Institute Pasteur in Madagascar

Antananarivo, Madagascar

Institute Pasteur in Madagascar

Antananarivo, Madagascar
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Padget M.,French Institute of Health and Medical Research | Padget M.,Institute Pasteur Paris | Padget M.,University of Versailles | Tamarelle J.,French Institute of Health and Medical Research | And 43 more authors.
Journal of Antimicrobial Chemotherapy | Year: 2017

Background: Antibiotic resistance is growing in low-income countries (LICs). Children in LICs are particularly at risk. Information on antibiotic consumption is needed to control the development and spread of resistant bacteria. Methods: To measure antibiotic consumption and related factors, a community surveywas undertaken in two sites in Madagascar (Antananarivo and Moramanga) and in Senegal (Guediawaye) among children under 2. Face-toface interviews were conducted with parents or caregivers of eligible children. Regression analysis was used to determine variables associated with reported antibiotic consumption. Availability of health structures and health policies were also investigated. Results: Populationestimates forantibiotic consumptionin the last3 monthswere37.2%(95%CI 33.4%-41.2%)in Guediawaye, 29.3%(95%CI 25.0%-34.1%) in Antananarivo and 24.6%(95%CI 20.6%-29.1%) inMoramanga. In all sites, the largemajority of antibioticswere takenwith a prescription (92.2%, 87.0%and 92.0%for Antananarivo, Moramanga and Guediawaye, respectively) and purchased in pharmacies (89.4%, 73.5%and 78.5%, respectively). Living in houseswithout flushing toilets and baby agewere significantly associatedwith any antibiotic consumption afteradjusting for site. Ahigher density of public health structureswas associatedwith lowerantibiotic consumption levels, while a higher density of private pharmacies was associated with higher levels across sites. Conclusions: These data are crucial for the implementation of local programmes aimed at optimizing antibiotic consumption. Factors such as density of healthcare facilities, prescriber training and national policy must be taken into account when developing strategies to optimize antibiotic consumption in LICs. © The Author 2016.


Randremanana R.,Institute Pasteur in Madagascar | Randrianirina F.,Institute Pasteur in Madagascar | Gousseff M.,Institute Pasteur in Madagascar | Dubois N.,Institute Pasteur in Madagascar | And 12 more authors.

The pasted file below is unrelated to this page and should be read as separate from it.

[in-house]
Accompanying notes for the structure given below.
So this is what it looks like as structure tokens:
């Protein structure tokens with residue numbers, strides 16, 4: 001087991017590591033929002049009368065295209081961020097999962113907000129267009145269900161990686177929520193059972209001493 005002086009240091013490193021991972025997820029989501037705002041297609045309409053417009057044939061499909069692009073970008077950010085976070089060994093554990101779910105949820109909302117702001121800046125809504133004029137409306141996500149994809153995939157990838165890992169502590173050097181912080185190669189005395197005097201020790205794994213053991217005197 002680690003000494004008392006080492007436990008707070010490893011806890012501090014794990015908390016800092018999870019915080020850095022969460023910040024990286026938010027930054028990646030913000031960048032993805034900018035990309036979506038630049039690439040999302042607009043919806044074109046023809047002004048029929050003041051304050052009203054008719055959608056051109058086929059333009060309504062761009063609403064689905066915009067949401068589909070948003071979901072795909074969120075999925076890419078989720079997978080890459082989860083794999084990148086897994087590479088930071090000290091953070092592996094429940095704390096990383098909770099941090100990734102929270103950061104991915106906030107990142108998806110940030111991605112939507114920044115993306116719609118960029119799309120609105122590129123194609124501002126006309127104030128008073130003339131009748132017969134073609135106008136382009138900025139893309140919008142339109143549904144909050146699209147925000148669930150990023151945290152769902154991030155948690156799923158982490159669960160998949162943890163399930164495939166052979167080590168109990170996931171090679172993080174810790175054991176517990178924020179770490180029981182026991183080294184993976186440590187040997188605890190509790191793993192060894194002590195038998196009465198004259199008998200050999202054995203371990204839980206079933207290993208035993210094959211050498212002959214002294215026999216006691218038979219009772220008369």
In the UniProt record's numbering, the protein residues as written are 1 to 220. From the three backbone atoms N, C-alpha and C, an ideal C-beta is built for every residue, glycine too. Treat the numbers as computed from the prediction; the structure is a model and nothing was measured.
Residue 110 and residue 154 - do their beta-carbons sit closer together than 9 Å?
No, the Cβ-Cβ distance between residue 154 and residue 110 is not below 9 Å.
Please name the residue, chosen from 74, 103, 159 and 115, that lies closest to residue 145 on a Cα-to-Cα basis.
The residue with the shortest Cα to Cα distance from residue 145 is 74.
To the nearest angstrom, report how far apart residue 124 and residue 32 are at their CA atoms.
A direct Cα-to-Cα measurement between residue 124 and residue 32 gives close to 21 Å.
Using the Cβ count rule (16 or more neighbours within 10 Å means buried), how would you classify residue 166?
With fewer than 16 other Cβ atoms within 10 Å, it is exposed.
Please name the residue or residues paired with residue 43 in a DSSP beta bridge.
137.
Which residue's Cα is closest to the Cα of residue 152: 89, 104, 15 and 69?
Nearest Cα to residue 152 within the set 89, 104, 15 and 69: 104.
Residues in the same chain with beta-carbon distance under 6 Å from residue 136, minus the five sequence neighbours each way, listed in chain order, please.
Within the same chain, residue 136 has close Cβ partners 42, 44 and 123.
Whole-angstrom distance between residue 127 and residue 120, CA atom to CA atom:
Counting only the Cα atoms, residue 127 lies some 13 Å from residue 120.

PLoS ONE | Year: 2012

Background: Acute diarrhea is a major cause of childhood morbidity and mortality worldwide. Its microbiological causes and clinico-epidemiological aspects were examined during the rainy seasons from 2008 to 2009 in 14 districts in Madagascar. Methods: Stool specimens of 2196 children with acute diarrhea and 496 healthy children were collected in a community setting. Intestinal parasites were diagnosed by microscopy and bacteria by culturing methods. Rota-, astro and adenoviruses were identified using commercially available ELISA kits and rotaviruses were confirmed using reverse transcriptase polymerase chain reaction (RT-PCR). Results: Intestinal microorganisms were isolated from 54.6% of diarrheal patients and 45.9% of healthy subjects (p = <0.01). The most common pathogens in diarrheic patients were intestinal parasites (36.5%). Campylobacter spp. and Rotavirus were detected in 9.7% and 6.7% of diarrheic patients. The detection rates of Entamoeba histolytica, Trichomonas intestinalis and Giardia lamblia were much greater in diarrheal patients than in non diarrheal subjects (odds ratios of 5.1, 3.2, 1.7 respectively). The abundance of other enteropathogens among the non diarrheal group may indicate prolonged excretion or limited pathogenicity. Conclusion: In developing countries, where the lack of laboratory capacities is great, cross sectional studies of enteropathogens and their spatial distribution, including diarrheal and non diarrheal subjects, are interesting tools in order to advise regional policies on treatment and diarrheic patient management. © 2012 Randremanana et al.


PubMed | Institute Pasteur in Madagascar
Type: Journal Article | Journal: PloS one | Year: 2012

Acute diarrhea is a major cause of childhood morbidity and mortality worldwide. Its microbiological causes and clinico-epidemiological aspects were examined during the rainy seasons from 2008 to 2009 in 14 districts in Madagascar.Stool specimens of 2196 children with acute diarrhea and 496 healthy children were collected in a community setting. Intestinal parasites were diagnosed by microscopy and bacteria by culturing methods. Rota-, astro and adenoviruses were identified using commercially available ELISA kits and rotaviruses were confirmed using reverse transcriptase polymerase chain reaction (RT-PCR).Intestinal microorganisms were isolated from 54.6% of diarrheal patients and 45.9% of healthy subjects (p=<0.01). The most common pathogens in diarrheic patients were intestinal parasites (36.5%). Campylobacter spp. and Rotavirus were detected in 9.7% and 6.7% of diarrheic patients. The detection rates of Entamoeba histolytica, Trichomonas intestinalis and Giardia lamblia were much greater in diarrheal patients than in non diarrheal subjects (odds ratios of 5.1, 3.2, 1.7 respectively). The abundance of other enteropathogens among the non diarrheal group may indicate prolonged excretion or limited pathogenicity.In developing countries, where the lack of laboratory capacities is great, cross sectional studies of enteropathogens and their spatial distribution, including diarrheal and non diarrheal subjects, are interesting tools in order to advise regional policies on treatment and diarrheic patient management.

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